More than one kind of fasting – St Francis de Sales

With Ash Wednesday now passing for another year and our Lenten observance upon us, a few wise and perhaps not often seen words from St Francis de Sales might be helpful as we launch ourselves into the penitential discipline of Lent. In this sermon, a long one, he teaches on fasting. This excerpt bears a little reflection form us all:

To treat of fasting and of what is required to fast well, we must, at the start, understand that of itself fasting is not a virtue. The good and the bad, as well as Christians and pagans, observe it. The ancient philosophers observed it and recommended it. They were not virtuous for that reason, nor did they practice virtue in fasting. Oh, no, fasting is a virtue only when it is accompanied by conditions which render it pleasing to God. Thus it happens that it profits some and not others, because it is not undertaken by all in the same manner… We know very well that it is not enough to fast exteriorly if we do not also fast interiorly and if we do not accompany the fast of the body with that of the spirit…

We must fast with our whole heart, that is to say, willingly, wholeheartedly, universally and entirely. If I recount to you St. Bernard’s words regarding fasting, you will know not only why it is instituted but also how it ought to be kept.

He says that fasting was instituted by Our Lord as a remedy for our mouth, for our gourmandizing, and for our gluttony. Since sin entered the world through the mouth, the mouth must do penance by being deprived of foods prohibited and forbidden by the Church, abstaining from them for the space of forty days. But this glorious saint adds that, as it is not our mouth alone which has sinned, but also all our other senses, our fast must be general and entire, that is, all the members of our body must fast. For if we have offended God through the eyes, through the ears, through the tongue, and through our other senses, why should we not make them fast as well? And not only must we make the bodily senses fast, but also the soul’s powers and passions — yes, even the understanding, the memory, and the will, since we have sinned through both body and spirit.

Ash Wednesday, 1622

So let us think beyond food for our fasting self-denial. What is some little good that we can deny each of our senses? Such a universal fast is not only a noble offering to the Lord, but a way of taming all our senses, so easily and regularly indulged in this modern world. With our senses more tame, maybe our behaviour might become less selfish and our treatment of others more Christian.

A lot to hope for, perhaps? Well, if Confucius got anything right it was this: a journey of a thousand miles begins with one step.

And it can be a small one.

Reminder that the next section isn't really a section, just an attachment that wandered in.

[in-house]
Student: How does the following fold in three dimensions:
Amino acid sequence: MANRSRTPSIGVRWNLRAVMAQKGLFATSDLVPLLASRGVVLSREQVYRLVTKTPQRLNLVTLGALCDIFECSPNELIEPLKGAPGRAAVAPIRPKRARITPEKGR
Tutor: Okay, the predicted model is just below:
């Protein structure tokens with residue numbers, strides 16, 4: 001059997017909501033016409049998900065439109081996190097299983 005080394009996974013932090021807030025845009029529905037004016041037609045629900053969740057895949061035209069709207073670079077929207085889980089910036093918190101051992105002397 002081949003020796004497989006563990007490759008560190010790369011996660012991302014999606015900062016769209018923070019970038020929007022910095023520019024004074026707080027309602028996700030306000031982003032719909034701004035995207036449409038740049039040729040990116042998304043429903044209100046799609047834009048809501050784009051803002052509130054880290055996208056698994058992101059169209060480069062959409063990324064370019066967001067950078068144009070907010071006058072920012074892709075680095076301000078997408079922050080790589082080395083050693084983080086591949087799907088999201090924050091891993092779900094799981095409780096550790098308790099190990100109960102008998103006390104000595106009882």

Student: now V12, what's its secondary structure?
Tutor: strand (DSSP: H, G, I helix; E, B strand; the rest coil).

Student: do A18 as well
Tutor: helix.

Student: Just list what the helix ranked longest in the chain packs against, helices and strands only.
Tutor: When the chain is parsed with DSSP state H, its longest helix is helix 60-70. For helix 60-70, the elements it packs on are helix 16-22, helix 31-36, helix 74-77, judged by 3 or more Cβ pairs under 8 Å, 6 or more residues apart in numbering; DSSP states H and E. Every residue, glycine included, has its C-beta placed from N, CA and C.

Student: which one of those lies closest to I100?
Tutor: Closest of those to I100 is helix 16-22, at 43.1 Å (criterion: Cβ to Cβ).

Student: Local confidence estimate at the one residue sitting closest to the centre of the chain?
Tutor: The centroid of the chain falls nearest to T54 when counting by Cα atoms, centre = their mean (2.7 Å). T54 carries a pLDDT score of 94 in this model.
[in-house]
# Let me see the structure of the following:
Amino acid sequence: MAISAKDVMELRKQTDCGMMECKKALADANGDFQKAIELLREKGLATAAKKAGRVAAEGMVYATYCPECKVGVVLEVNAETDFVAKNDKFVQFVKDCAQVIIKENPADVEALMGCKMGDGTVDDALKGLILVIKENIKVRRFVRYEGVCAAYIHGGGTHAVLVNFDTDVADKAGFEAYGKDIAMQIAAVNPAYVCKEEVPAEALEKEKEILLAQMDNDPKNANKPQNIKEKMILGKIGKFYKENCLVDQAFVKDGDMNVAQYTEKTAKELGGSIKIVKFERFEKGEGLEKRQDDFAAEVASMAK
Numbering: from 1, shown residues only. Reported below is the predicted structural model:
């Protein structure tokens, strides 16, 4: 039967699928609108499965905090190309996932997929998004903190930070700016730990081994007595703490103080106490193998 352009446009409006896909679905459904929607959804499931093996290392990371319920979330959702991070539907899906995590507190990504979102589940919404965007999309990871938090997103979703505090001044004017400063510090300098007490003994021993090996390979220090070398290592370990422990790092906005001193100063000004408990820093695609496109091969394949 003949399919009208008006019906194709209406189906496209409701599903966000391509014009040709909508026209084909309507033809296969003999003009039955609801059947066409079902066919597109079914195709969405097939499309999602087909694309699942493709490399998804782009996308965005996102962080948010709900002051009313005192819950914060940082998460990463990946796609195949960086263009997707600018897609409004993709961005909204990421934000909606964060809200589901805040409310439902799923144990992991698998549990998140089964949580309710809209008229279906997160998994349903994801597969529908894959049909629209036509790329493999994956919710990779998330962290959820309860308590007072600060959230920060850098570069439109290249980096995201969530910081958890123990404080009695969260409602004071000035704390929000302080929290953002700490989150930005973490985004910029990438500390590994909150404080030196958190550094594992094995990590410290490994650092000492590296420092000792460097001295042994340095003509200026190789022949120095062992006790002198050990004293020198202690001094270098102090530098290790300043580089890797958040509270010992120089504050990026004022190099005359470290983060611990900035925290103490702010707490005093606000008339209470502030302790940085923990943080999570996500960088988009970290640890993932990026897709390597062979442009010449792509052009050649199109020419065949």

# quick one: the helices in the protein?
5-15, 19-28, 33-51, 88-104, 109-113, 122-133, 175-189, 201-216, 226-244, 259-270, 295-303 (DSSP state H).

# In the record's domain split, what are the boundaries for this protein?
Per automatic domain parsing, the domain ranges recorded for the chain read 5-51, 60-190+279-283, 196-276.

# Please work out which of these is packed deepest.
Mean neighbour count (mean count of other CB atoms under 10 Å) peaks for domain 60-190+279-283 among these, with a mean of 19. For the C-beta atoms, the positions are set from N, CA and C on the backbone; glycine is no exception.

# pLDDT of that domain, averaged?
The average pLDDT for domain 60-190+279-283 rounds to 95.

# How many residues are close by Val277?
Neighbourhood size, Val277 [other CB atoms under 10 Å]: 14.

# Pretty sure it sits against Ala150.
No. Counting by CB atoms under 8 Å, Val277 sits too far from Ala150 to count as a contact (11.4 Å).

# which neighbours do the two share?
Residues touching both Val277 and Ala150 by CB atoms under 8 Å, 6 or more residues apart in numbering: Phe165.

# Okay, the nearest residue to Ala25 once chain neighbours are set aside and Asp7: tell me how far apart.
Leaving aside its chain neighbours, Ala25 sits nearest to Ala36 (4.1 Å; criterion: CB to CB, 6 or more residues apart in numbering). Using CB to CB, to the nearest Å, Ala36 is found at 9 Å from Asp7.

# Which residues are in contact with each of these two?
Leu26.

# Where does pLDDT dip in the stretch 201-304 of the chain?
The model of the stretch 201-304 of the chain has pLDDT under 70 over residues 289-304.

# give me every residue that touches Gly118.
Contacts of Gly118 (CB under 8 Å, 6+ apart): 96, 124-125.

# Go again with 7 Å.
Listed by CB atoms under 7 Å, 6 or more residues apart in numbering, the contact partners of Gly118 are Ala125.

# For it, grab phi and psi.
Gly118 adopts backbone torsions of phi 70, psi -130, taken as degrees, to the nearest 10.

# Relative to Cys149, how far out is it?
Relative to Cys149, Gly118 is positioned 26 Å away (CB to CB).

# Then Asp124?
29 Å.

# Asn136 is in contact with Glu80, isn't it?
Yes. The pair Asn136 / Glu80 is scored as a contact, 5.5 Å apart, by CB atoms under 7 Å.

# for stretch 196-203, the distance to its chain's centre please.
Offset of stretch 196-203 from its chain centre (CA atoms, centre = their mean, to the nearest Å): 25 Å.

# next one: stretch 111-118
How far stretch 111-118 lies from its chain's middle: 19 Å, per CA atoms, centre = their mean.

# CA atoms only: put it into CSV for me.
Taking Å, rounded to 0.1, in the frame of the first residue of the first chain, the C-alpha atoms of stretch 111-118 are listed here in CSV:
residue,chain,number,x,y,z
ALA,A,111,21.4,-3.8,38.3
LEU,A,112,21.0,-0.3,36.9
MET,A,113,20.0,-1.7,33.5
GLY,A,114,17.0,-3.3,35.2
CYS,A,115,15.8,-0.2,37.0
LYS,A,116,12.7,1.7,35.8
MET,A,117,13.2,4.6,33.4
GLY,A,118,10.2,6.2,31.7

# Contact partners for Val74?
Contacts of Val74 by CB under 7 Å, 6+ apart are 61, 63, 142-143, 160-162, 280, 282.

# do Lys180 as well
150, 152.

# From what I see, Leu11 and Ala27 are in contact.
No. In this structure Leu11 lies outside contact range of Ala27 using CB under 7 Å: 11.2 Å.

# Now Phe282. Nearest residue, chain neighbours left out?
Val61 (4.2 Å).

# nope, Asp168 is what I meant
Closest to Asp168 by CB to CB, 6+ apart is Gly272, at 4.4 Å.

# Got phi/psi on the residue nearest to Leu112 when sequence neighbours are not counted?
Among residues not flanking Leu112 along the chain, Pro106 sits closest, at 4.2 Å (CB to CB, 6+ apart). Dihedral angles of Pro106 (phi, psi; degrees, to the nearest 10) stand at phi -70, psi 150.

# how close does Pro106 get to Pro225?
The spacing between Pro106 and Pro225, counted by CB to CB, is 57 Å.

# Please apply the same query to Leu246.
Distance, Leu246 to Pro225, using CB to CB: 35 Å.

If you want a more detailed Lenten rule, you might want to read Dom Mark’s Lenten programme: it is practical, reasonable and traditional.


Ash Wednesday – the Church’s shame & Lenten penance for Pope Benedict

The ash and the Cross

As we  launch today into this joyful season of lenten penance, perhaps our joy should be tempered by our sorrow at all that Pope Benedict has endured these last 8-odd years. Surely the wilful misrepresentations of his teachings, the arrogant refusal to accept his attempts to reconcile those drifting from the Church and to restore order to the life and liturgy of the Church, the scandalous opprobrium heaped on him for the abuse crisis when he was one of the few who so clearly and consistently stood against it, the bile and venom spat at him – and not just by the world but especially by Catholics: all this is an indictment of God’s people just as much as of the world. How could a man of such sensitivity be expected to withstand the torments of the world while being so maligned, so undermined, from within his own Church by the people God called him to lead?

The obedience of Christ on the Cross puts us to shame, especially those who have so wilfully disobeyed Pope Benedict. They have made their choice for “me”, not for God, or justice, or equality or any other self-serving camouflage. May God forgive them, and convert them.

This Lent let us double our penance, and take no short-cuts nor allow ourselves anything but the most truly justified breaks from our penance, and offer it up especially in reparation for the failure of the Church to support its supreme earthly Pastor as he deserved, and God demands.

And let us pray that in the Lenten conclave God will grant us the pope we should desire and not the one we have deserved by our culpable action, or inaction.

The Pope’s abdication brings shame – not to him, but on us.

Repent and believe the Gospel.


Ash Wednesday

The ash and the Cross

Then Jesus told his disciples, “If anyone would come after me, let him deny himself and take up his cross and follow me. For whoever would save his life will lose it, but whoever loses his life for my sake will find it.”

(Matthew 16:24-25 ESV)


Strip me of all
but the mark,

thumb crossing
on forehead,

that I might
let mingle

my spiraling soot
with His blessing

ashed. The burned
arm of palm

once so green
now tendered

of want

joins as one
the wind-tunneled trail

from which I came
and the long road

down which I travel
invoking darkness

seeking light:
I'm listening.

(A Prayer for Ash Wednesday, by Maureen Doallas)